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Transportation -- Social aspects -- Oregon, Geographic information systems, Neighborhood planning -- Citizen participation, Community health


Research on walking, the built environment, and healthy communities is a fairly recent area of inquiry, accelerated over the last ten years by an increased interest in the relationship between urban form and public health. A series of macro-oriented logic models and micro-focused data collection tools have been developed over this time in order to understand this healthy communities issue, as well as operationalize the hypotheses around the connection between the built environment and physical activity. None of these efforts, however, attempt to connect their assessment frameworks and tools with a public involvement process. The last ten years has also seen the development of a concentration of work known as Public Participation GIS (PPGIS), which aims to combine the spatial sophistication of GIS with expanded public access to the tools and data linked with GIS technology. This project advances this area of research and technology transfer in two ways. First, four new built environment audit tools using Mobile GIS technology have been developed with a focus on a community approach toward data gathering and usage. These tools include the School Environment Assessment Tool (SEAT), the Complete Streets Assessment Tool (CSAT), the Accessibility Audit Tool (AAT), and the Bicycle Assessment & Safety Index Tool (BASIT). Secondly, these tools have been tested with several communities across the country and have include non-technical, general members of the public interested in healthy communities and active transportation. The tools have been refined after each community workshop and two of the tools, SEAT and CSAT, are ready for a more robust national distribution. The work delineated in the following report pages progresses our understanding of community-based, participatory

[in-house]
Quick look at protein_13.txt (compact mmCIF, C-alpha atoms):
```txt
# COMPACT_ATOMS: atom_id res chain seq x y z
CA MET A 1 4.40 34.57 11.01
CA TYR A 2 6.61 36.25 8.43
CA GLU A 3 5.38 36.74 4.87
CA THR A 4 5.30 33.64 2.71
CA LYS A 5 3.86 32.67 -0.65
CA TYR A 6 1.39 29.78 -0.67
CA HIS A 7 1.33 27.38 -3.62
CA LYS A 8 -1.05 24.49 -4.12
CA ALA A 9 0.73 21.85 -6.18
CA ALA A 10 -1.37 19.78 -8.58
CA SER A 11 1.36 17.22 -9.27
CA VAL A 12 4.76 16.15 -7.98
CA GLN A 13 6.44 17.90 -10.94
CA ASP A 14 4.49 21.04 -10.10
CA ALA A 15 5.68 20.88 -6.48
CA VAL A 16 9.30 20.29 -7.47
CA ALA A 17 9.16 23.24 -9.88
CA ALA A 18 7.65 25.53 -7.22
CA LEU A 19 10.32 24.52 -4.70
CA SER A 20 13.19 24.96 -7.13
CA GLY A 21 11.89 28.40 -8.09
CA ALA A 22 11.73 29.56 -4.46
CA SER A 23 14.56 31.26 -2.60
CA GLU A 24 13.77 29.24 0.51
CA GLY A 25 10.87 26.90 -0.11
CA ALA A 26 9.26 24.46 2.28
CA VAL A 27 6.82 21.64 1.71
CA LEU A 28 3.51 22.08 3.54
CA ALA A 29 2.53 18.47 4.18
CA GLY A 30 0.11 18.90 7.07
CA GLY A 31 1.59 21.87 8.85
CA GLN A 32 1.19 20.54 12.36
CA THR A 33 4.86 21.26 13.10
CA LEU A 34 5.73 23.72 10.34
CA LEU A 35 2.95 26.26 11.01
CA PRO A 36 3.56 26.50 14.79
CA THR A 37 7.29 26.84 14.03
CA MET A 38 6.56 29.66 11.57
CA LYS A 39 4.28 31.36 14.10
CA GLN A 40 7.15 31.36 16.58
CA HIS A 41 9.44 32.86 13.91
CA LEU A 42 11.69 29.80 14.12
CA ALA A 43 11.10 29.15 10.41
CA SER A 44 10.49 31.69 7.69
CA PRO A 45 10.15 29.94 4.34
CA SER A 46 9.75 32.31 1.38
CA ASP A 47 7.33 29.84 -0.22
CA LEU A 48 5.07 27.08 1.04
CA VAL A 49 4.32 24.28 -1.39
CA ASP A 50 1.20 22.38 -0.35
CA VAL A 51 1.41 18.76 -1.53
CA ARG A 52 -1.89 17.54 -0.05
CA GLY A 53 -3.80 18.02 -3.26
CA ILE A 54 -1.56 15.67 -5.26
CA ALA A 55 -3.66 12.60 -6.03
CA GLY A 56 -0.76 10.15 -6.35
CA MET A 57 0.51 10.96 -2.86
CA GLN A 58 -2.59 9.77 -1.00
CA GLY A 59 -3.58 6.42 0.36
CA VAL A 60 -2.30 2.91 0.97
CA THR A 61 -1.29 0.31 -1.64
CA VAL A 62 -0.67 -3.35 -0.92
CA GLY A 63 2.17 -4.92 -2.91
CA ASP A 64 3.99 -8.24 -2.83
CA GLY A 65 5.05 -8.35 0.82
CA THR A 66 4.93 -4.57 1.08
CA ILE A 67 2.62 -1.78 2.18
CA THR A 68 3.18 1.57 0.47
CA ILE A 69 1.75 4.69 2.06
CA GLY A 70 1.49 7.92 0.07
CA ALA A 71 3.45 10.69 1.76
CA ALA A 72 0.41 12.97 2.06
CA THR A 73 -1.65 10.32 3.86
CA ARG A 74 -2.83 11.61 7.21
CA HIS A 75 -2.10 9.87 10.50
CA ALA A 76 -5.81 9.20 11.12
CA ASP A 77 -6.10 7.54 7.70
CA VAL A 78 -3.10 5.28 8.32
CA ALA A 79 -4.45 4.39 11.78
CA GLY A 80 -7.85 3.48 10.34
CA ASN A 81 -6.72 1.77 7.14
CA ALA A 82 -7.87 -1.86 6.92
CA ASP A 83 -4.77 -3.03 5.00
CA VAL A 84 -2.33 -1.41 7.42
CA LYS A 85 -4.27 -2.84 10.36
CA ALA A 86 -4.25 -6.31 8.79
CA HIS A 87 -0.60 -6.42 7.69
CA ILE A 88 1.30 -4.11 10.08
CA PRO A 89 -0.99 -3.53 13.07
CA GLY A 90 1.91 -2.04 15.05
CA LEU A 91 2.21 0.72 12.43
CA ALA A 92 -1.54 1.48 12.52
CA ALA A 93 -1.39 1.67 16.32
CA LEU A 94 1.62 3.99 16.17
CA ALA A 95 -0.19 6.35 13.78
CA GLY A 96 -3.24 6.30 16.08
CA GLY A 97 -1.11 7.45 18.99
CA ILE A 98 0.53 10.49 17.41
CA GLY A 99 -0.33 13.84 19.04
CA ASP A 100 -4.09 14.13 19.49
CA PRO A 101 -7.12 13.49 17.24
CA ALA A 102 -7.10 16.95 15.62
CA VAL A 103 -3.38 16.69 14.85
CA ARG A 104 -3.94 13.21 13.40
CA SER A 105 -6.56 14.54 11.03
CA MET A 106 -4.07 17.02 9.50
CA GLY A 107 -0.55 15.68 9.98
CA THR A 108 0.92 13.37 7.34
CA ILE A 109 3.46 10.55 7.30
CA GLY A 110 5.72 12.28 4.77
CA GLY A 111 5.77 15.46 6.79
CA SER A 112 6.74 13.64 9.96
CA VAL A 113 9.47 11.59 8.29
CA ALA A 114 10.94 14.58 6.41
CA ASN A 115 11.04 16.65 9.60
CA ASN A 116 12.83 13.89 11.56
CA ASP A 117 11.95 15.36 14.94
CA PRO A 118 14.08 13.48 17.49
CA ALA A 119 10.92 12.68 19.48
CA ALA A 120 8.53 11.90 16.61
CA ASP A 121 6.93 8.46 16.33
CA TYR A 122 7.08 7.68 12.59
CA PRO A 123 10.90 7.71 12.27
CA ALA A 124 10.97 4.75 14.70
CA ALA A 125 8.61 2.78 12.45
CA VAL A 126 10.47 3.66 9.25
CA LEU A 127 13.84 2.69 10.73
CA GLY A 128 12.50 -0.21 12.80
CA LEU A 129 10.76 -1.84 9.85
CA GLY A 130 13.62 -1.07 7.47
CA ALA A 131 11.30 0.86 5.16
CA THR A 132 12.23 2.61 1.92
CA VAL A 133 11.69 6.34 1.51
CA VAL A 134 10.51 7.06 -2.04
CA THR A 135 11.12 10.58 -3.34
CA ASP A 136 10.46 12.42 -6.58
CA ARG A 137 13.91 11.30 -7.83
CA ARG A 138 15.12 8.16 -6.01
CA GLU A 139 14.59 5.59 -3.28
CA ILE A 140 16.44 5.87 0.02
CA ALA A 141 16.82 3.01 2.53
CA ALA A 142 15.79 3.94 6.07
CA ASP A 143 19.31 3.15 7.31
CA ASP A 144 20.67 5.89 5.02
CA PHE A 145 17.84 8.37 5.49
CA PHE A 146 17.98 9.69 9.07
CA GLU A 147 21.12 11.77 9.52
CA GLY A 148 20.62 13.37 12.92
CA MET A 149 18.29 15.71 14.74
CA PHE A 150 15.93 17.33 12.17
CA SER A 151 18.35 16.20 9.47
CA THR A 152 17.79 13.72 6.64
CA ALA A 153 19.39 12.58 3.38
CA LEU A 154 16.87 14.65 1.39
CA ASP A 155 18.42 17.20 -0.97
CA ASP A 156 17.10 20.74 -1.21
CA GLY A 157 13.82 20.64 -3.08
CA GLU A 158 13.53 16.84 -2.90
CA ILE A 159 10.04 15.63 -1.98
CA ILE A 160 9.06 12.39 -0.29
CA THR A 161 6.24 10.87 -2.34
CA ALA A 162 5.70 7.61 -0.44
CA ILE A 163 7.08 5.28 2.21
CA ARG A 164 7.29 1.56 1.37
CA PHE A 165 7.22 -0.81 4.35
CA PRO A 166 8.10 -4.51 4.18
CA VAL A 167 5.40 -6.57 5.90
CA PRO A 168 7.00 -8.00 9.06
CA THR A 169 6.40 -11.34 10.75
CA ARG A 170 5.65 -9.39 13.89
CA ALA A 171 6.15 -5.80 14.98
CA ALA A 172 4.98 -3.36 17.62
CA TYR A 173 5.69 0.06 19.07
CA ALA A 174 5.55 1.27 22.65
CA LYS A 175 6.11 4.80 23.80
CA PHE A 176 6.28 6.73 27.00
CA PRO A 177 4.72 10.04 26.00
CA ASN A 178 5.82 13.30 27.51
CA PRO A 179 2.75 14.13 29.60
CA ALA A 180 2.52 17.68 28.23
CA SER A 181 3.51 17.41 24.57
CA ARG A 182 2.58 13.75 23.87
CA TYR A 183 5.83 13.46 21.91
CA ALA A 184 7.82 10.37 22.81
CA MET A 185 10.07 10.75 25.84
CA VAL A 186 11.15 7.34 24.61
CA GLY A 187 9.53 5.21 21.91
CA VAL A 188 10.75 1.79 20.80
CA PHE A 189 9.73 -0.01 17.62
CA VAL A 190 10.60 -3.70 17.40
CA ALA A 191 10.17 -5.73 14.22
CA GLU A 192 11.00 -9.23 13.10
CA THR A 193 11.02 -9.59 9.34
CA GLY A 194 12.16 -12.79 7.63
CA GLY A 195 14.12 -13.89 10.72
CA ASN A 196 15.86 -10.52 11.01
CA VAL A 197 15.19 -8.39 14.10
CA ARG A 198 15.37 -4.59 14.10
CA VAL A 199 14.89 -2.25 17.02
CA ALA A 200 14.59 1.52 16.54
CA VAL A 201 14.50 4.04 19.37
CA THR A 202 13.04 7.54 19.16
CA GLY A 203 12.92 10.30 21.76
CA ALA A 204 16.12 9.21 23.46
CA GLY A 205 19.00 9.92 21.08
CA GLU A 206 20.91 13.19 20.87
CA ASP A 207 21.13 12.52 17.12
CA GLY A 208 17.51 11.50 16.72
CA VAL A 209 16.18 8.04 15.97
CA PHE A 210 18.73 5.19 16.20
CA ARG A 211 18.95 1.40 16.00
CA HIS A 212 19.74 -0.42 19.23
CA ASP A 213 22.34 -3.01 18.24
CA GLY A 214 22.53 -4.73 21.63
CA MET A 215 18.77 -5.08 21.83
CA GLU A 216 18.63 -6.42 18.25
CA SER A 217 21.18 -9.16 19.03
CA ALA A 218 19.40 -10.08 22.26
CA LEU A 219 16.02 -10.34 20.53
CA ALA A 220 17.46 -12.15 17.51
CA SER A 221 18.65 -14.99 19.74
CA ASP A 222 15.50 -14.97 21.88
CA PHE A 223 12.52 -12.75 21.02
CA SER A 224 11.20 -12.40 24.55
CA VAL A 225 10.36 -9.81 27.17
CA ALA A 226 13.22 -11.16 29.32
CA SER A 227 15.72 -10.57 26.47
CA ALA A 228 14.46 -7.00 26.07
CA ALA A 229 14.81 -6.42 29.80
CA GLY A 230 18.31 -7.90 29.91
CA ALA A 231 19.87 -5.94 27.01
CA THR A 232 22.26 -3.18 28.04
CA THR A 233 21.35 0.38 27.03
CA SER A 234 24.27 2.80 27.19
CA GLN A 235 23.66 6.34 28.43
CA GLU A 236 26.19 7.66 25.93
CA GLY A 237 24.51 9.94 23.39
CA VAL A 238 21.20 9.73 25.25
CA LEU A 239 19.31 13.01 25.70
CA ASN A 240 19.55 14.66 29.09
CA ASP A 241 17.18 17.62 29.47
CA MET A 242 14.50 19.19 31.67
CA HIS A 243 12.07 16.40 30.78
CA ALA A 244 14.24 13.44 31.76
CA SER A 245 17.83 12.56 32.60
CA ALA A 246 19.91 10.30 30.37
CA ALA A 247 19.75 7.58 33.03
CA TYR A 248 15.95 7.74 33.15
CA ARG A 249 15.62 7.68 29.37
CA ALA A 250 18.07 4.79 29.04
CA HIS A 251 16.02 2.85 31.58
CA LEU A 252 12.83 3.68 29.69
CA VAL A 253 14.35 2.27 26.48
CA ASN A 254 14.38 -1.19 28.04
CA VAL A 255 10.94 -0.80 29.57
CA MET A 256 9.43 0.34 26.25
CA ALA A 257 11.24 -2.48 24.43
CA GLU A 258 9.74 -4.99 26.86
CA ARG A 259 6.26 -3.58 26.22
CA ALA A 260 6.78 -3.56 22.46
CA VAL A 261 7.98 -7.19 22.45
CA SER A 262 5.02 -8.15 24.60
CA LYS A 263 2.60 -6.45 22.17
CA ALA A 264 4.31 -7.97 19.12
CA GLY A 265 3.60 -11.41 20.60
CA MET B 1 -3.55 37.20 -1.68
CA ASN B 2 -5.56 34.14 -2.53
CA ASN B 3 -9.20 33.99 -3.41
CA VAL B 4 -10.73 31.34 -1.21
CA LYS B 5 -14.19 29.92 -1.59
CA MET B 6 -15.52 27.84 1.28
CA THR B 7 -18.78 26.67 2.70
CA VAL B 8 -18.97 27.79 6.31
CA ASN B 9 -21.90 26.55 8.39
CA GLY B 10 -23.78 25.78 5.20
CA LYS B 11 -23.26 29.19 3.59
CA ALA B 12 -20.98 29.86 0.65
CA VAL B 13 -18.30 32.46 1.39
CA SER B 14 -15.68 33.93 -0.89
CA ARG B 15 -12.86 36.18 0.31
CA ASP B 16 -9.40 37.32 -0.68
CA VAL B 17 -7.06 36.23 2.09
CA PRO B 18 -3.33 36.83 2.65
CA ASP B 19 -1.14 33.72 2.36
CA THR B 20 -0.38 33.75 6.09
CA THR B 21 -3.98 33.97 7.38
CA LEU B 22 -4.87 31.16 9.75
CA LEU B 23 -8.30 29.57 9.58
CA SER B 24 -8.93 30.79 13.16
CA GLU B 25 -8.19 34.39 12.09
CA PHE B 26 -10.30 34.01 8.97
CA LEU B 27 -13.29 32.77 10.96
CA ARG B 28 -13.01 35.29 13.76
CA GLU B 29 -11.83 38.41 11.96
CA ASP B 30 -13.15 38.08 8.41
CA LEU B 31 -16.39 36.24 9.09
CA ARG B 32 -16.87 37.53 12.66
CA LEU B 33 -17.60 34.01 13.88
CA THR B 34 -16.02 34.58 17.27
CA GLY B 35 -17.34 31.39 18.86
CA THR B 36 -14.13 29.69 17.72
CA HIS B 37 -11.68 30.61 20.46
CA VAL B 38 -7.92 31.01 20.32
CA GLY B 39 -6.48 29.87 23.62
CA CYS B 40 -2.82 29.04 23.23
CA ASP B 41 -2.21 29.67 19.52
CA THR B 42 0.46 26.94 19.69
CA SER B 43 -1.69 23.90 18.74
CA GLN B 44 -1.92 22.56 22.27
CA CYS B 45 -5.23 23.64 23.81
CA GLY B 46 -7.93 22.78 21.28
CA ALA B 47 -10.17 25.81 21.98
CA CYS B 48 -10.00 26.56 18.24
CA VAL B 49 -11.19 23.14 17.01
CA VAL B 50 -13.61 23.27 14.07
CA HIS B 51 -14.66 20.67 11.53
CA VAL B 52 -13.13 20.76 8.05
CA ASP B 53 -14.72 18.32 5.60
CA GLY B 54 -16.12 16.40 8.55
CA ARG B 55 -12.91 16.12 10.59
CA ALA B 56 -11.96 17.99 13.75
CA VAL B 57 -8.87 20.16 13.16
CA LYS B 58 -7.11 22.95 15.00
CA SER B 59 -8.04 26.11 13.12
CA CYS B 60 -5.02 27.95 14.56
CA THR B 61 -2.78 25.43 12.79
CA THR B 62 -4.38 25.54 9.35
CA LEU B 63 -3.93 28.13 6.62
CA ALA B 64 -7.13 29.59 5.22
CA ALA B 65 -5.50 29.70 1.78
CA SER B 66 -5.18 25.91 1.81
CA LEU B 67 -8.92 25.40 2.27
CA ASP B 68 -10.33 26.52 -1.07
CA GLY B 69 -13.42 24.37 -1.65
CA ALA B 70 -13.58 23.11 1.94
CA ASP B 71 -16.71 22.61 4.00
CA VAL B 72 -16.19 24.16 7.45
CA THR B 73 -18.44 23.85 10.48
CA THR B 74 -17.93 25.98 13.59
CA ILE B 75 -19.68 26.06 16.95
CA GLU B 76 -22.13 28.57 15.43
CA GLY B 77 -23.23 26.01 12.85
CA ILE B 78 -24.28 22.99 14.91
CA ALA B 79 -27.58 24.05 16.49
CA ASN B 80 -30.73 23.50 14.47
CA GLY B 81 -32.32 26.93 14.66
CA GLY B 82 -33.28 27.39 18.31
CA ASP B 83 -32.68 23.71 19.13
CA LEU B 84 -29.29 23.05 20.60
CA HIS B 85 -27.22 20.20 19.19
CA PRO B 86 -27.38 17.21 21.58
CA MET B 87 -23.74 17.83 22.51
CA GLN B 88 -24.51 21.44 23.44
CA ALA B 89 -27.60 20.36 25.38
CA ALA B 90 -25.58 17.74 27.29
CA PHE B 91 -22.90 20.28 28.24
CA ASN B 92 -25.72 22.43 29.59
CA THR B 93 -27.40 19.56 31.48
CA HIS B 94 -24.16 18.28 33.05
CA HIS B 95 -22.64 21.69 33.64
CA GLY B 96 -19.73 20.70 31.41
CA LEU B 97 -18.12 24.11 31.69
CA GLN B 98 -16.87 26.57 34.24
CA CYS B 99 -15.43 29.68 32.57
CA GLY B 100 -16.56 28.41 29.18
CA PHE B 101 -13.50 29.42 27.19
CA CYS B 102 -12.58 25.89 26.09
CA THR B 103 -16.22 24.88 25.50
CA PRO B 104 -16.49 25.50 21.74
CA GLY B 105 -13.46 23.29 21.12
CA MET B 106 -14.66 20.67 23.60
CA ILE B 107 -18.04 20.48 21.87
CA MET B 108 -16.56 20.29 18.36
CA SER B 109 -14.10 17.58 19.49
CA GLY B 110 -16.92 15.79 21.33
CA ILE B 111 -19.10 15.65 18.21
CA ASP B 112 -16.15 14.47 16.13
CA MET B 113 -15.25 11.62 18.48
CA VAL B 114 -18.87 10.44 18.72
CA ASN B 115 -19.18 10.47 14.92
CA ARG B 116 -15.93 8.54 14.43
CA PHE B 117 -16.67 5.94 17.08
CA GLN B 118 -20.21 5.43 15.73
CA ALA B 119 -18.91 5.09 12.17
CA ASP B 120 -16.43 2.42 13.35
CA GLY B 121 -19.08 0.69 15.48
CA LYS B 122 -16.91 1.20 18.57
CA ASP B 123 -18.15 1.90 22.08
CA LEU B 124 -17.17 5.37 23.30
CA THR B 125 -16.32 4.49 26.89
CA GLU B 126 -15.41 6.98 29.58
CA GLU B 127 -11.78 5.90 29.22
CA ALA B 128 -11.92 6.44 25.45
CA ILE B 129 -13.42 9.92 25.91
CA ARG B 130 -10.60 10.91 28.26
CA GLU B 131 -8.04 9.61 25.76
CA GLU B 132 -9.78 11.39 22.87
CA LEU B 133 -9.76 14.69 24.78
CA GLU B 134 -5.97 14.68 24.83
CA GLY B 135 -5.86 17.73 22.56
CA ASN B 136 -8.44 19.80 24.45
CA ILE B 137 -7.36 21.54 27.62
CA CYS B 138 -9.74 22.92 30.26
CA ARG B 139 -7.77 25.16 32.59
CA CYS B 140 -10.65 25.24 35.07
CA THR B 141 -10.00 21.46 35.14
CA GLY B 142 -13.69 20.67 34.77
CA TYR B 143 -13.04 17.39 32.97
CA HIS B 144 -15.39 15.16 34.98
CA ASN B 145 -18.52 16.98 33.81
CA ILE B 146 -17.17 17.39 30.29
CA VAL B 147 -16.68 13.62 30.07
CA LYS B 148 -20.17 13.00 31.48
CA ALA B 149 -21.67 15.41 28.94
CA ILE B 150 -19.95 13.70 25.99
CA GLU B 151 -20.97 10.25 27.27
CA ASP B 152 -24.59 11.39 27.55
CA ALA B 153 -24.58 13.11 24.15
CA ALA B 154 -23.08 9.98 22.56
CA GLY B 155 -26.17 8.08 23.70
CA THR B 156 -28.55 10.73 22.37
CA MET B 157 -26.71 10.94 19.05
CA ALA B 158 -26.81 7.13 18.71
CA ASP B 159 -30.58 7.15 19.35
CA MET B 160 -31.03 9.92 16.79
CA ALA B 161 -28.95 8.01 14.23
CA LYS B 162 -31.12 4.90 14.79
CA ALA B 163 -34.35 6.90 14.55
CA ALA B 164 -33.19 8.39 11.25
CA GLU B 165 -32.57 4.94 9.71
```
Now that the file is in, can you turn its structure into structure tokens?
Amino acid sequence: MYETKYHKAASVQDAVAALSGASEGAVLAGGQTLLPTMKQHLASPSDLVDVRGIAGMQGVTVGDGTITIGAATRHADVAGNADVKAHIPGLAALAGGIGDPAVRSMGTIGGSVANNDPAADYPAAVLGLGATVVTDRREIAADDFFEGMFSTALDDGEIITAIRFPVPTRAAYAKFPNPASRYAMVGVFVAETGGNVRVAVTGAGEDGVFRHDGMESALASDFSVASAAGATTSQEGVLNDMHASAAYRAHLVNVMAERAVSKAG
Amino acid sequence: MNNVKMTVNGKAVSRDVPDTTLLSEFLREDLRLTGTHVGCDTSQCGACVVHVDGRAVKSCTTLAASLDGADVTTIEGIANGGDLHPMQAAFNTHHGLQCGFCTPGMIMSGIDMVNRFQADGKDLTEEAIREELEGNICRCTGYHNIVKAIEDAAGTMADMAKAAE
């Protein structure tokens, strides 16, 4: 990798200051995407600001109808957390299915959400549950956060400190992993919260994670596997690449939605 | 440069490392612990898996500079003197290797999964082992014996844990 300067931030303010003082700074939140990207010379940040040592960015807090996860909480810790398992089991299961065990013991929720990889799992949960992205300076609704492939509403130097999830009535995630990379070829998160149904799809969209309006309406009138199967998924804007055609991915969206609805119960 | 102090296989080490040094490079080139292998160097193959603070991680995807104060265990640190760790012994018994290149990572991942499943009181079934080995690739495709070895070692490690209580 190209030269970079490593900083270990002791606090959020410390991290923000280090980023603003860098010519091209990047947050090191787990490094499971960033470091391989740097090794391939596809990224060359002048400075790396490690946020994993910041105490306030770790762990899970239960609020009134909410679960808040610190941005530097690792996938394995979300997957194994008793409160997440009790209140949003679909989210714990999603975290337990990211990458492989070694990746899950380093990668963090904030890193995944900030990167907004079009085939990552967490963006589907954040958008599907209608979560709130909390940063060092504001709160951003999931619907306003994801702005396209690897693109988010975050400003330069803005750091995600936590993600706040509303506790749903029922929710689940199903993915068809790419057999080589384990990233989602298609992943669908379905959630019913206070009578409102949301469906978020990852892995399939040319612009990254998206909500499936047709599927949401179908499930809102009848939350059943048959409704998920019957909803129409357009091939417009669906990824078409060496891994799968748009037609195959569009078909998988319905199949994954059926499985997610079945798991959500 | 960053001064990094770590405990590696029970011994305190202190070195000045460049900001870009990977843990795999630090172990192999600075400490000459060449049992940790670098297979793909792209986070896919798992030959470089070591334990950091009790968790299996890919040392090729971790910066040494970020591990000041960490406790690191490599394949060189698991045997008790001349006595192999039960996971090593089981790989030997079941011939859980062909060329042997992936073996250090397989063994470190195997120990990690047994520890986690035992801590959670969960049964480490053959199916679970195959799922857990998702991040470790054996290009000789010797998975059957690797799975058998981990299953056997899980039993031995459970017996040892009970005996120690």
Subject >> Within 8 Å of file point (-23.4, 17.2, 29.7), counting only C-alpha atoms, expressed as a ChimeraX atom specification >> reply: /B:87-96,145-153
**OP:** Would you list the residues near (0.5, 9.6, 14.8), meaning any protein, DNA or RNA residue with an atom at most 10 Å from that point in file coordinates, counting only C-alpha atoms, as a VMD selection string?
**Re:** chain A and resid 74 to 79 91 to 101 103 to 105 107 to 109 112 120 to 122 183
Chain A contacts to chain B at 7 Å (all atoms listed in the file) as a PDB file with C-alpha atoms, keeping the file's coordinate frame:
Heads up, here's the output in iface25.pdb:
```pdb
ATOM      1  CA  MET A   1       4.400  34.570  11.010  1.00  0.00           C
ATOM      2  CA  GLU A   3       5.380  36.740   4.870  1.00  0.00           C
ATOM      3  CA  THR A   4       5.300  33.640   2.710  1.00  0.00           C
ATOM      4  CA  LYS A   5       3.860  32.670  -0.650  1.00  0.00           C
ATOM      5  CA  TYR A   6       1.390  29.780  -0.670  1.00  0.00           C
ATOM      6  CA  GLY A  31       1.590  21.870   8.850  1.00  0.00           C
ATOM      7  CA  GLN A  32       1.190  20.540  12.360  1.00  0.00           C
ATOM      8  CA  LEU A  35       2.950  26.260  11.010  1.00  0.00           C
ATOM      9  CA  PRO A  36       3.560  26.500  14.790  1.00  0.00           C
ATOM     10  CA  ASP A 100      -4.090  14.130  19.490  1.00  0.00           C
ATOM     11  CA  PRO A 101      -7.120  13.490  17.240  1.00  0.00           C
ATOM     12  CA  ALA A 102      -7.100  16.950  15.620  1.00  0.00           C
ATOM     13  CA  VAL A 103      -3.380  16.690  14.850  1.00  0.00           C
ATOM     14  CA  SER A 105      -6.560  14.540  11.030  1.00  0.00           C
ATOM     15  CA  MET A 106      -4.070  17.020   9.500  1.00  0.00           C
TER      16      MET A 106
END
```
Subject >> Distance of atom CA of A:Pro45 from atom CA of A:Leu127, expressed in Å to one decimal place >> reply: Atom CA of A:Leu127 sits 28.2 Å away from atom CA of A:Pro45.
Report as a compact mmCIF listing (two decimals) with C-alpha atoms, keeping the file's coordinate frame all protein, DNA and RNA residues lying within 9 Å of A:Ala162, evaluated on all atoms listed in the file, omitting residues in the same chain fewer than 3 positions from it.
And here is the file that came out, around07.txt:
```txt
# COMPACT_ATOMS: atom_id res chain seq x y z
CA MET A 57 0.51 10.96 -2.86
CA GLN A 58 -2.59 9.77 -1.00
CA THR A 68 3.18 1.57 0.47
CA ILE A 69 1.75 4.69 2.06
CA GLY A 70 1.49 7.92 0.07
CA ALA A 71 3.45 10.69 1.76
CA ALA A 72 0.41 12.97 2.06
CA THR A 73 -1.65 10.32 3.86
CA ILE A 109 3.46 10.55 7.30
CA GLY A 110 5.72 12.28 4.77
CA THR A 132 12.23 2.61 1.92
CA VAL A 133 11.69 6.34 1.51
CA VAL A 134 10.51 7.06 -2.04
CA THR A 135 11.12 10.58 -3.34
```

This is a final report, OTREC-TT-08-02, from the NITC program of TREC at Portland State University, and can be found online at:

An article associated with this research was published in the URISA Journal, vol. 19, no. 2, and can be accessed at



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